I don't see why people care whether someone is muggle-born or not. Does it make any difference? Please illuminate me, I don't understand.

  • And why people care if someone has blue blood or is from common people. It's simply believing you are better because of your origin, tempting if you don't have any special talents or have complexes.
    – user13645
    Jan 3, 2014 at 21:26
  • I don't know why this is marked a duplicate. It isn't the same question at all. Related, but completely different. Jan 4, 2014 at 16:19
  • @Donald.McLean DVK's answer, with quotes from Rowling, seems to fully answer this one...
    – Izkata
    Jan 4, 2014 at 23:48
  • @Izkata DVK's answer explains the rules used by the prejudiced members of magical society, but it does not address the actual differences in magical ability which is an entirely different question (the one that Granger Girl actually asked, I would like to point out). Jan 5, 2014 at 2:07
  • @Donald.McLean DVK's answer is all about "why do they care?", which seems to me to be what this question is about...
    – Izkata
    Jan 5, 2014 at 2:29

3 Answers 3


It's magical racism, basically. A reason to consider others below your station. The worst of the pure-bloods are akin to Nazis in there desire to keep Muggles or Mudbloods in their place. That place being servitude or even death.

This statue at the Ministry of Magic depicts Muggles being crushed.

  • This has nothing to do with mudbloods, because it's about wizards vs. muggles.
    – vsz
    Jan 3, 2014 at 20:30
  • The answer does. Pure-bloods certainly seem to hate Mudbloods only second to Muggles. Just the term Mudblood is an insult. The image is just there to show how extreme the hatred can get. Jan 3, 2014 at 20:33
  • 1
    The question asks whether there is a difference between pure bloods and "mudbloods". Obviously, there is a difference between wizards and muggles, but there is no difference (in magical abilities) between pure bloods and mudbloods. However, some wizards (mistakenly) believe there IS a difference, this is why they "care whether someone is muggle-born or not."
    – vsz
    Jan 3, 2014 at 20:38
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    "I don't see why people care whether someone is muggle-born or not." Because they are snobs. I don't understand what in my answer you disagree with. Everything you said I agree with but tried to sum up a little more succinctly. It seems very akin to racism to me. Pure-bloods are like Aryans or the KKK or any other hate group who detest "cross-breeding." It seems like she's asking why people care. Given her last question, she knows the difference. I think the equating with Nazis is apt. It covers the hate, the desire to maintain purity (Aryans) and the sickening Pride. Jan 3, 2014 at 20:54
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    I don't think Hitler considered himself evil, either. A lot of bad people think they are doing good. Preserving a bloodline is not hard to see how someone could consider it noble. Sad but true. Jan 3, 2014 at 21:53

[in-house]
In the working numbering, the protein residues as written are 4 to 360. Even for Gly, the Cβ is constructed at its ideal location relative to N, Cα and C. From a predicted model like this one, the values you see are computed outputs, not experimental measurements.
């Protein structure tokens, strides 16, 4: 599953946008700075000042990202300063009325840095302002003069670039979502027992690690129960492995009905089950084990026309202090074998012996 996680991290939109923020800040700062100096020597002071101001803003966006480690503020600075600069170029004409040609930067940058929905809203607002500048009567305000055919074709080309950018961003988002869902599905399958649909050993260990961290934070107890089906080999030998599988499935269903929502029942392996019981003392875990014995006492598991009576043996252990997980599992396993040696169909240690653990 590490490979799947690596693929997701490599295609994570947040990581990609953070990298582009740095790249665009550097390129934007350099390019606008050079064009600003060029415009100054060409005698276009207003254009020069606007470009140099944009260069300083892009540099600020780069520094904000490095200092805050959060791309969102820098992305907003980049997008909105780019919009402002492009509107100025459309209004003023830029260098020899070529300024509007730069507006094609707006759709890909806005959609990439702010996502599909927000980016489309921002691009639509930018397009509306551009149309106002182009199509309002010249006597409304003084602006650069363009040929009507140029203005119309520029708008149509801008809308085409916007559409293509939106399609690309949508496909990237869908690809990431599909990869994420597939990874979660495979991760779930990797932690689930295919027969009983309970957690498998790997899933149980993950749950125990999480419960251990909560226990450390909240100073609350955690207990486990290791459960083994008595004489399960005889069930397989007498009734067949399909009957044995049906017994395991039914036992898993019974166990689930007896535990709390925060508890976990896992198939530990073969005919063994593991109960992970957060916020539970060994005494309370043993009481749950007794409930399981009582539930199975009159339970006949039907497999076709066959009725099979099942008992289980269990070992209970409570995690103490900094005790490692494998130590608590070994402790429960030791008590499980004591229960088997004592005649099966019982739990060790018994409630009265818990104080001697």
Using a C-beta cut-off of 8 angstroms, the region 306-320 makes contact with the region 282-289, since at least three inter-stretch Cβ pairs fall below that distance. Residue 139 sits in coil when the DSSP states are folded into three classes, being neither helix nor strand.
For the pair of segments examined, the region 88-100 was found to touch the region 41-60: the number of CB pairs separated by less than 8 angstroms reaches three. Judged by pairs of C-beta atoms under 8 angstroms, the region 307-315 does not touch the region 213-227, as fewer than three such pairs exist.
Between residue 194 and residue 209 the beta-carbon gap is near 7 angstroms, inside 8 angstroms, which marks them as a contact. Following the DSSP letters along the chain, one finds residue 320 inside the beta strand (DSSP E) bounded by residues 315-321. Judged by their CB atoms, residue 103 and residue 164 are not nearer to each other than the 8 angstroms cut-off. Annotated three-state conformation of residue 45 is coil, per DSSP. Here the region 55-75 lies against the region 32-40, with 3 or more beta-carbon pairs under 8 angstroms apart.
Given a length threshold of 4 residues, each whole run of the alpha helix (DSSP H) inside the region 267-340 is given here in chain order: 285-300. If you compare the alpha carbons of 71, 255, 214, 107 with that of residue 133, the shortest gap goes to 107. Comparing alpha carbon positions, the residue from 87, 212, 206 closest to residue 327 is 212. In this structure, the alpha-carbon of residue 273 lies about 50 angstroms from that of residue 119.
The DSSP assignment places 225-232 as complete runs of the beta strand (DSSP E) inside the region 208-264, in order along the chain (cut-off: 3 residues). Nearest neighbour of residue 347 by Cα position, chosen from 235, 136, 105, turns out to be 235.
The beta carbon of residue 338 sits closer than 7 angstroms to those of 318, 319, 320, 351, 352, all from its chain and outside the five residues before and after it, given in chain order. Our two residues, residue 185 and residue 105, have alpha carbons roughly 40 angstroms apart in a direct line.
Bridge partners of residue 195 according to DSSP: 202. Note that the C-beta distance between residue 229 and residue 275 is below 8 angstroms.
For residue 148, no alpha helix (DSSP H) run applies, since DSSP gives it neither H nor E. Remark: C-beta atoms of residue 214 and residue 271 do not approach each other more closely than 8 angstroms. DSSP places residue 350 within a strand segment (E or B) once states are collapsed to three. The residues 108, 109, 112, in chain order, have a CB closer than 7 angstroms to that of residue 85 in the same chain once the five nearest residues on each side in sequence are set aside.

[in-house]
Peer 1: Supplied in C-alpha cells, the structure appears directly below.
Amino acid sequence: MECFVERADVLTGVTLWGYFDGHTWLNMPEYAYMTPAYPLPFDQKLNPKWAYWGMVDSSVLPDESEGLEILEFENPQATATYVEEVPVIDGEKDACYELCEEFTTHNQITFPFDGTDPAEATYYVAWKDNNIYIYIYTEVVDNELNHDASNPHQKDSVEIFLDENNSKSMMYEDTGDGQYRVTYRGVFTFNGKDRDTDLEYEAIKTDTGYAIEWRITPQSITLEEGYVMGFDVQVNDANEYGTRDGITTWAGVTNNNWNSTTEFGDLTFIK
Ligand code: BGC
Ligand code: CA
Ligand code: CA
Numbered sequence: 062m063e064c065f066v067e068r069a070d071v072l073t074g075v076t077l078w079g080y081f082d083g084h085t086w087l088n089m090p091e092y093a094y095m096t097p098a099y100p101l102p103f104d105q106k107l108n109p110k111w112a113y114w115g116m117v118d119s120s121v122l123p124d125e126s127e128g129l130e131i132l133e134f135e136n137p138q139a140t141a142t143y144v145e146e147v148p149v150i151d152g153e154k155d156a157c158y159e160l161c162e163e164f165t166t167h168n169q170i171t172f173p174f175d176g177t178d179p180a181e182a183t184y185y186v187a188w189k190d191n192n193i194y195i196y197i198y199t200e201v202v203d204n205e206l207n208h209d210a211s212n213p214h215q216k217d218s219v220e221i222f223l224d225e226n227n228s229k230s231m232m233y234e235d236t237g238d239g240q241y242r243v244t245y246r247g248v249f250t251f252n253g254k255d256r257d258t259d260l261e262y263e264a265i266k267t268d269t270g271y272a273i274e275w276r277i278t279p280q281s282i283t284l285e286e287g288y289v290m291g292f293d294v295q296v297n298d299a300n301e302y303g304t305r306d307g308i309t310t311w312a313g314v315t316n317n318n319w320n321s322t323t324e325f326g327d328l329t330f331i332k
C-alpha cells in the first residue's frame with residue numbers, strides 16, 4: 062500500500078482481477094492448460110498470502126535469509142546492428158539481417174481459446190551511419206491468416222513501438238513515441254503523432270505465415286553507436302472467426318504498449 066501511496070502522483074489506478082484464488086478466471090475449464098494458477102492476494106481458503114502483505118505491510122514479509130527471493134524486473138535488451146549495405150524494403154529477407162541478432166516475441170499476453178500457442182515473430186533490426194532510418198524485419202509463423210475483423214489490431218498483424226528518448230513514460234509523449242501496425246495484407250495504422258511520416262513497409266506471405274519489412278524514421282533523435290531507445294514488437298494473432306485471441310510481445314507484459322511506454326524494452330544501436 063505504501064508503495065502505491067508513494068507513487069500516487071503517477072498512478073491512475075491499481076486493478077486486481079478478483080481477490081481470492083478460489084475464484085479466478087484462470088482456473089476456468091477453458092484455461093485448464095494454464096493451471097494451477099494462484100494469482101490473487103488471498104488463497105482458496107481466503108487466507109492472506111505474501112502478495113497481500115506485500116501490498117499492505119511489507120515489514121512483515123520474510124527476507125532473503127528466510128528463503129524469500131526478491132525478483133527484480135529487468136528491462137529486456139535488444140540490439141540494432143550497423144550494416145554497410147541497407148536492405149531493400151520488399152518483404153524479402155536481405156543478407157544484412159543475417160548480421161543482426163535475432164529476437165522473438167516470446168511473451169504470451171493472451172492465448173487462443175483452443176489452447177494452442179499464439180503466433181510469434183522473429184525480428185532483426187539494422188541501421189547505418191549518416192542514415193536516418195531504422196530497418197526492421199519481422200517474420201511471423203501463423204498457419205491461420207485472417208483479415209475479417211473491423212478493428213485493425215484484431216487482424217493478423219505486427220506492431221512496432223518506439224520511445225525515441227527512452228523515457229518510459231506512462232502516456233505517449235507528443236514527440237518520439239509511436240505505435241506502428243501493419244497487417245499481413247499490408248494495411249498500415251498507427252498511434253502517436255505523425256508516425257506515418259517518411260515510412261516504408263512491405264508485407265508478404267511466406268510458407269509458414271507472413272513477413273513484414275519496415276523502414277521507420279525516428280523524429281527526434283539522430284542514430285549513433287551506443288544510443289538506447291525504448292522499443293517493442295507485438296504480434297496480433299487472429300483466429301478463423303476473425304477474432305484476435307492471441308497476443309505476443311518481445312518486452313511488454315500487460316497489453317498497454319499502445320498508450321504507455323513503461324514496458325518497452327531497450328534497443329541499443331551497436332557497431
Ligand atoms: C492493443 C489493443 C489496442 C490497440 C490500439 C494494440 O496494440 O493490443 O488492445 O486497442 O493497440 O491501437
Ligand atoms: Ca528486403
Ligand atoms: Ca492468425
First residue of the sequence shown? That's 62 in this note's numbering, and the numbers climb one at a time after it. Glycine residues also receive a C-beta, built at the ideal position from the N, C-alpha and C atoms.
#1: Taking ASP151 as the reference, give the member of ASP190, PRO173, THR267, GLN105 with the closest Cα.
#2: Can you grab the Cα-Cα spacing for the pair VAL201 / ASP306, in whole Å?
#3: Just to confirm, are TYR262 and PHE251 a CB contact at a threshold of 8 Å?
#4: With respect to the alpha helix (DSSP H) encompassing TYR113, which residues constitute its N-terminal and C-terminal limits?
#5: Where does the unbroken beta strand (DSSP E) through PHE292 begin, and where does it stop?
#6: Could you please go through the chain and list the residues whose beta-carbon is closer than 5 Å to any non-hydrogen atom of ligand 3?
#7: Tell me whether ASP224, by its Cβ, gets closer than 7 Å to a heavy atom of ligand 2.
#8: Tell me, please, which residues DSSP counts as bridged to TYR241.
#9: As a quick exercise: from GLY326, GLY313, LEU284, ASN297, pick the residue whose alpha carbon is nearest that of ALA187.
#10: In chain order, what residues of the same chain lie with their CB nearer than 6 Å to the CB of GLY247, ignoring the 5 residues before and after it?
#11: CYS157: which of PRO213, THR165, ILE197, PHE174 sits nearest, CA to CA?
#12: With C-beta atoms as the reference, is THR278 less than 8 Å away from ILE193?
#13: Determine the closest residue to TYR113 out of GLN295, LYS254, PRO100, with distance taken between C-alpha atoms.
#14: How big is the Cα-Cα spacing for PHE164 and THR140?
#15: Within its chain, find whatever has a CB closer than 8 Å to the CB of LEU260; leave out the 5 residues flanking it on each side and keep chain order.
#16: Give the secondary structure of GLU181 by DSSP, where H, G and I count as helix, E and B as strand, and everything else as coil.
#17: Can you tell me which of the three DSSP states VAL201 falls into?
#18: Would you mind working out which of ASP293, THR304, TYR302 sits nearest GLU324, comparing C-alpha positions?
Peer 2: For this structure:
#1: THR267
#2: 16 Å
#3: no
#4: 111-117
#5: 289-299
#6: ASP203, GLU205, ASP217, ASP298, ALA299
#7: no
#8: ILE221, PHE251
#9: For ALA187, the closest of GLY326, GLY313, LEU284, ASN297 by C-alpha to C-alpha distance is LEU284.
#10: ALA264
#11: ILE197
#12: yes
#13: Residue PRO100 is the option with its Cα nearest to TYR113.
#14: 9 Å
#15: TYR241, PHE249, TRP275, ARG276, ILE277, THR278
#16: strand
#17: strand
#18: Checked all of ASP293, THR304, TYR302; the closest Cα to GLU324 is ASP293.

A lot of wizards think muggles are inferior, because they are (of course) incapable of magic.

So there are wizards who think that wizards who are born to muggle parents (mudbloods) cannot become so good at magic as pure blood wizards (wizards who don't have muggle ancestors). They think mixed marriages between muggles and wizards are "thinning" or "contaminating" wizard blood and are detrimental to the wizarding world. However, they are wrong, because (for example) Hermione is very capable in magic, despite having only muggles as parents.


Some aspects of human genetics (such as height) are complex and poorly understood, but generally tall parents have tall children and short parents have short children but there are constant exceptions. Some aspects are even less well understood, such as human intelligence. Some aspects of human genetics are simpler and now better understood, such as certain forms of color-blindness.

Magical society, on the other hand, does not have scientists, or even science (as we know it) and so many of the behaviors and expectations of wizards and witches are shaped by the vague preconceptions that human society has evolved where it comes to genetics.

Whether or not a person has any magical ability appears to have a strong (though abnormal) genetic basis in that most muggles have muggle children and most wizards have wizard children. The abnormal part is that if magical ability were a recessive gene, then marriages with mixed muggle/wizard parents would produce children who had a 50/50 shot, at best, of being wizards. Instead, children of mixed marriages are almost all wizards.

Note that if magical ability were a dominant gene, it would not be possible for two muggles to have a wizard child.

There is some evidence in the novels that strong magical ability does flow through certain genetic lines (Voldemort is a descendant of Slytherin after all), but on the other hand, there is no compelling evidence that this ability is either diluted when mixed with non-magical blood or strengthened by pure-blood unions.

The bottom line though is that prejudice against muggle-borns appears to be pure prejudice based on a traditions that are without merit. The strength of one's magical ability, like many human abilities, is more a matter of interest and drive than of genetics.